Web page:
Arriving: New York – JFK
Airline: Independence Air
Flight Number: 1180
Scheduled Departure: 15:00
Actual Departure: 14:57 takeoff at 16:15
Scheduled Arrival: 16:16
Actual Arrival: 16:08 landing at 16:05
Departure Gate: A5 E
Arrival Gate: 23A
Departure Runway: 1R
Arrival Runway: 31R
Aircraft: Canadair CRJ-200ER
Turns out, this was the same aircraft I photographed earlier. At the tarmac, there was a baggage drop-off known as the “valet”. Here is where all the carry-on suitcases go. Any smaller items can go on board. This ex-Atlantic Coast CRJ was almost already full by the time I was on board. I took seat 1A and immediately noticed how cramped the CRJ is even though it was my fourth time flying on the type. I almost forgot how far down I needed to bend in order to see out the window. That being said, I found the seats to be quite comfortable; slightly less so than the ones on the A319. The seats were that same deep blue color and were also in leather. This time, the seat pitch was 31 inches, pretty much the standard for the CRJ. I believe all CRJ-100/200s have this pitch.
Before pushback, I noticed the sole flight attendant for the flight, a young male with a slightly um…effeminate personality chatting with the passenger in 1C since she was scared of flying and convincing her the flight was going to go smoothly and even gave her a few tips. She did seem more relaxed afterwards so that was a good thing. There was a board displaying the flight number (1180), countdown to departure (never seen this before), destination city (JFK), and the tail number (T659). The flight attendant said how we would be leaving exactly on time and the weather was going to be pretty nice in the New York area and we’d be landing slightly ahead of schedule. One of the pilots on this flight was African American, so it was nice to see more of a “mix” in the flight deck.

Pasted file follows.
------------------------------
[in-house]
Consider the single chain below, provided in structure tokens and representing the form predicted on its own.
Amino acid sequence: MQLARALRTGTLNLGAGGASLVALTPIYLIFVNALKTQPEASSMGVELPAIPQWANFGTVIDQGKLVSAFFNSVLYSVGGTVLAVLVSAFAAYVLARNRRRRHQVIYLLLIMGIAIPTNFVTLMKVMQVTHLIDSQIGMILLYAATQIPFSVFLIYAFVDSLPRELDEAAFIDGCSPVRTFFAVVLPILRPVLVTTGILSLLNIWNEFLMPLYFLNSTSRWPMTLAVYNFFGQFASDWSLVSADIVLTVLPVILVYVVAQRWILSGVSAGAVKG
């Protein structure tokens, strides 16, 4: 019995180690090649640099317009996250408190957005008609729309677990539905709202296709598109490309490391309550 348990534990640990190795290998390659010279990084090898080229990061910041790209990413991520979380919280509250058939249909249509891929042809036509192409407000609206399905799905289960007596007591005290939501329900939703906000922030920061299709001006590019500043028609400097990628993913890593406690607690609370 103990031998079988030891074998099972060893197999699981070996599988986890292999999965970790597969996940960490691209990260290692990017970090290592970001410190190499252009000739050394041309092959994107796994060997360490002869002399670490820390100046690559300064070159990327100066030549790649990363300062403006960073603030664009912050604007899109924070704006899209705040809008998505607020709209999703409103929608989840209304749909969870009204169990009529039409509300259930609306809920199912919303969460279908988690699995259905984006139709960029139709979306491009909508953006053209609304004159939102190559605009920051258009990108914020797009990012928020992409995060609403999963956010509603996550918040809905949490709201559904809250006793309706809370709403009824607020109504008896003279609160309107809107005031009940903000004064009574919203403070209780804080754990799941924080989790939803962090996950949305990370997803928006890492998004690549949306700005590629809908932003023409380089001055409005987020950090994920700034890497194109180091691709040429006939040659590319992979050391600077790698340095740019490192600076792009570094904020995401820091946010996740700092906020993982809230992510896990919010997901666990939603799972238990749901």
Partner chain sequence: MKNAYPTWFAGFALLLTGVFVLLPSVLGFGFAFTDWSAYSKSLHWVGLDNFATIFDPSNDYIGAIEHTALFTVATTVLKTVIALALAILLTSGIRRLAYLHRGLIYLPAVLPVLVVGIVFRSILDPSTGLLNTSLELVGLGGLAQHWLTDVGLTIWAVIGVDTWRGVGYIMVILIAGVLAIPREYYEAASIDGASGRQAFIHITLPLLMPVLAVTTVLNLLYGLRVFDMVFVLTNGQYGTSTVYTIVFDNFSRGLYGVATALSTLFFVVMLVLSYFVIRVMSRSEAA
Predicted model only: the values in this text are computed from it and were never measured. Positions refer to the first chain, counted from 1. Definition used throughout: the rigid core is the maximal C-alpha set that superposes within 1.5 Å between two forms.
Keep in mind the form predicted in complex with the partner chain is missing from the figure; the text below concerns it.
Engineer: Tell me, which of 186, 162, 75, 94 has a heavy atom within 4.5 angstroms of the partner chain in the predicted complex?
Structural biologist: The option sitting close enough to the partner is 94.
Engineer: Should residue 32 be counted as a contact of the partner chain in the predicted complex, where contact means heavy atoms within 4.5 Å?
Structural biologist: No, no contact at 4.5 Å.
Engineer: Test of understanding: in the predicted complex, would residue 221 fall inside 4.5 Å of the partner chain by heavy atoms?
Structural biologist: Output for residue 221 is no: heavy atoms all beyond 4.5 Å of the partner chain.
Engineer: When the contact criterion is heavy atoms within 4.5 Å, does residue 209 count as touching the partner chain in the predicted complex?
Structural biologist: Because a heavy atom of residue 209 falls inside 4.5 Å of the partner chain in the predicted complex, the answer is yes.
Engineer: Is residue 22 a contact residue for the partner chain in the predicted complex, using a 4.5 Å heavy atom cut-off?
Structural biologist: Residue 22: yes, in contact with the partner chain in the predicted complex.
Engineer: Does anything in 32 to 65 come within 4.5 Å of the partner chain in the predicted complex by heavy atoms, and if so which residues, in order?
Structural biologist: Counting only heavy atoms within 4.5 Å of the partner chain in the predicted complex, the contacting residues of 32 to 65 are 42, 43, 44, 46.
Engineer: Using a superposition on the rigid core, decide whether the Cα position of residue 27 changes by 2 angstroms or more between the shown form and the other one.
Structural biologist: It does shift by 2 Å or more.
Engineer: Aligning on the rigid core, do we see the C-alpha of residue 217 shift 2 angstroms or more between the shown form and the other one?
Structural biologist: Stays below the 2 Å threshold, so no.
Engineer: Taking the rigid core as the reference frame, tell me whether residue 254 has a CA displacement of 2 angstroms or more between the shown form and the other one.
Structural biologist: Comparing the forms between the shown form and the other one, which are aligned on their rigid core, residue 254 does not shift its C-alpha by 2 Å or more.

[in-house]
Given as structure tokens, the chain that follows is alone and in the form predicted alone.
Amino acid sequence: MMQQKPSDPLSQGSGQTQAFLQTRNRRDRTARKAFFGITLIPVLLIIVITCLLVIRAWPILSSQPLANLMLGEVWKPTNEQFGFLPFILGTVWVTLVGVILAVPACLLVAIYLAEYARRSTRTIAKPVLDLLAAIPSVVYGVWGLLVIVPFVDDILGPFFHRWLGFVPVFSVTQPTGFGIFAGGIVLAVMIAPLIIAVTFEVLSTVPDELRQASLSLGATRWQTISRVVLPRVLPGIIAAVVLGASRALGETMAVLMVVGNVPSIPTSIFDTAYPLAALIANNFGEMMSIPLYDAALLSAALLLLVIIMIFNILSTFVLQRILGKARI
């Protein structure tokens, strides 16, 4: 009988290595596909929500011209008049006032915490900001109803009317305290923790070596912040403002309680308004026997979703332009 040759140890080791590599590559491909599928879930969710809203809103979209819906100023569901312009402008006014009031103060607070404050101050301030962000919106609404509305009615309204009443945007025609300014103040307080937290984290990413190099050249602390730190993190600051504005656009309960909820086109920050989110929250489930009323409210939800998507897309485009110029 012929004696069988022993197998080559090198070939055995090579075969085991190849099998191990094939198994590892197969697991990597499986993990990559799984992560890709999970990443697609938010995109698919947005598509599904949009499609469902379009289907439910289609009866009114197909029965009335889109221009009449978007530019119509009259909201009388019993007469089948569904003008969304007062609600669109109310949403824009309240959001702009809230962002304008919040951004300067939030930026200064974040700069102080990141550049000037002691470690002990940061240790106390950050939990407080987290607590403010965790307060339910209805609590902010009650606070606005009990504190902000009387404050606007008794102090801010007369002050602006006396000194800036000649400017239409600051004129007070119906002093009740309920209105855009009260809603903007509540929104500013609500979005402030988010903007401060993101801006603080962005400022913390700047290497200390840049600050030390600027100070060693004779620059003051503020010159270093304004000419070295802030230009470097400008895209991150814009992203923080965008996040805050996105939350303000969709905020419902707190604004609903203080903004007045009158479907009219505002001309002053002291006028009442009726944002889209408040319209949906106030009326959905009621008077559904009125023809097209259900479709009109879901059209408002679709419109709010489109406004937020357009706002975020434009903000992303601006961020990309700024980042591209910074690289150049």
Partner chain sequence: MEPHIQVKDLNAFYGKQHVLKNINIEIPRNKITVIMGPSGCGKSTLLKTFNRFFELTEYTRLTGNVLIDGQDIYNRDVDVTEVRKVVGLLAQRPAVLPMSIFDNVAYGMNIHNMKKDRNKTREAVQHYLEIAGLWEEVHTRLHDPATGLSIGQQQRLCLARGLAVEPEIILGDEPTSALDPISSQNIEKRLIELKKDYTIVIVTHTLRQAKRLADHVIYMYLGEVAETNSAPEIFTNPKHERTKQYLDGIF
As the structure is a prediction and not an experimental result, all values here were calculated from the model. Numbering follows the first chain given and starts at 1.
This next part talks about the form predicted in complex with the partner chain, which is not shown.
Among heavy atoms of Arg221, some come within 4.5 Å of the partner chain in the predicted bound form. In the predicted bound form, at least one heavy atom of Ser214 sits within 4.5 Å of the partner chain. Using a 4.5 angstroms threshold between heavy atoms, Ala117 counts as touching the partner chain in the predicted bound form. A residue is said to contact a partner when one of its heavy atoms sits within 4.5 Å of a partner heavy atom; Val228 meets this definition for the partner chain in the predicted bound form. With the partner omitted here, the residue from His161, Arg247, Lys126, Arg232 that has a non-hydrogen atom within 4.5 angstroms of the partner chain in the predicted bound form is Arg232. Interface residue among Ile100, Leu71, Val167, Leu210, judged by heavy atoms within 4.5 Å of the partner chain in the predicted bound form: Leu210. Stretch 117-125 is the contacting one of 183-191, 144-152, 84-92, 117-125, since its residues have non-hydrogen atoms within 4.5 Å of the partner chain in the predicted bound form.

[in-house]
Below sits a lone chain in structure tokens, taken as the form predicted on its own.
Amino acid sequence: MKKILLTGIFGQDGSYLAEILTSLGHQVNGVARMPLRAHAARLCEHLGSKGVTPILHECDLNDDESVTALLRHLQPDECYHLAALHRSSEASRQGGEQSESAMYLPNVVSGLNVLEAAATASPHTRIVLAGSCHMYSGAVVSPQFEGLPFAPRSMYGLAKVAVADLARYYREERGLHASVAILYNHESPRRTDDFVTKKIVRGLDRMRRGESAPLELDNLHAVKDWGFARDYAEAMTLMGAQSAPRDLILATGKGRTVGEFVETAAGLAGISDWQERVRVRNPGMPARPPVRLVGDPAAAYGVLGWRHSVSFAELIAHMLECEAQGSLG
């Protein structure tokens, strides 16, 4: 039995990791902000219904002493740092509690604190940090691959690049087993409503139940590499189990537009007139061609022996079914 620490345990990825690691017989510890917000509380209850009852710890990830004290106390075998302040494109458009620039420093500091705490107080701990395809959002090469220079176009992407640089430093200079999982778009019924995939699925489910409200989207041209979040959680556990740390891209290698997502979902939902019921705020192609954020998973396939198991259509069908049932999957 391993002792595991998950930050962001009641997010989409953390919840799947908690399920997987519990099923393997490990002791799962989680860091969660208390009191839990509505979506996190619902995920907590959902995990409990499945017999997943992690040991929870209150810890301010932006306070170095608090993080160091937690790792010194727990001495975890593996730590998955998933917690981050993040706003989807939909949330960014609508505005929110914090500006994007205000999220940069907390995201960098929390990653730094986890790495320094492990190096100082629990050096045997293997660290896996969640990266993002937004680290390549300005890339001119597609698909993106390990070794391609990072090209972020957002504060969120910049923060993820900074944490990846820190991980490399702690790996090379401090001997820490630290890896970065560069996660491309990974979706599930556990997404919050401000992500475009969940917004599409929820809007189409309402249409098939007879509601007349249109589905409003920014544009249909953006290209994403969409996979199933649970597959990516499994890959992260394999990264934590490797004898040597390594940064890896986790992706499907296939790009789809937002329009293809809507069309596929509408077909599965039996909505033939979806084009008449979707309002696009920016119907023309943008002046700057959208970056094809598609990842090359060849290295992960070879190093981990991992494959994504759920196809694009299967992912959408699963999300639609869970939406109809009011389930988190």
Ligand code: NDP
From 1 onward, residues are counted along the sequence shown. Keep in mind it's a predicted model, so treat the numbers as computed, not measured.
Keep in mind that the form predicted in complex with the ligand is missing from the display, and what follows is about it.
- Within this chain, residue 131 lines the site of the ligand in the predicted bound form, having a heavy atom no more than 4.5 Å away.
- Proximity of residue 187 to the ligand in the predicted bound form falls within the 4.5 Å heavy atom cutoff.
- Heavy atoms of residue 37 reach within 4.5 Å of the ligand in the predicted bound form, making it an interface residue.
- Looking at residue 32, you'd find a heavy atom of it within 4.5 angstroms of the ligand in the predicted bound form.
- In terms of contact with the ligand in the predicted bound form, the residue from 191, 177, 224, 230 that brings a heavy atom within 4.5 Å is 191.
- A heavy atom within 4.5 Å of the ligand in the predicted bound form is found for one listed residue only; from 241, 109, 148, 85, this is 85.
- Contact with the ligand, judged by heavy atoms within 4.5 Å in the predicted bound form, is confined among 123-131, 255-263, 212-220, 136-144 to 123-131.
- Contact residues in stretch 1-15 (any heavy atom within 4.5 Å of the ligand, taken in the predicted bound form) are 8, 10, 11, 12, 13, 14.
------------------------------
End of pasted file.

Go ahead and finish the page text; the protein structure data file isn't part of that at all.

Pushback was at the T-minus 2 minute 50 second mark, making the actual departure 14:57. I noticed exactly how small the tugs are. The ramp workers seemed to have different responsibilities so the person who guides the aircraft in also pushes it back. I could be wrong, though. Another CRJ was also pushing back.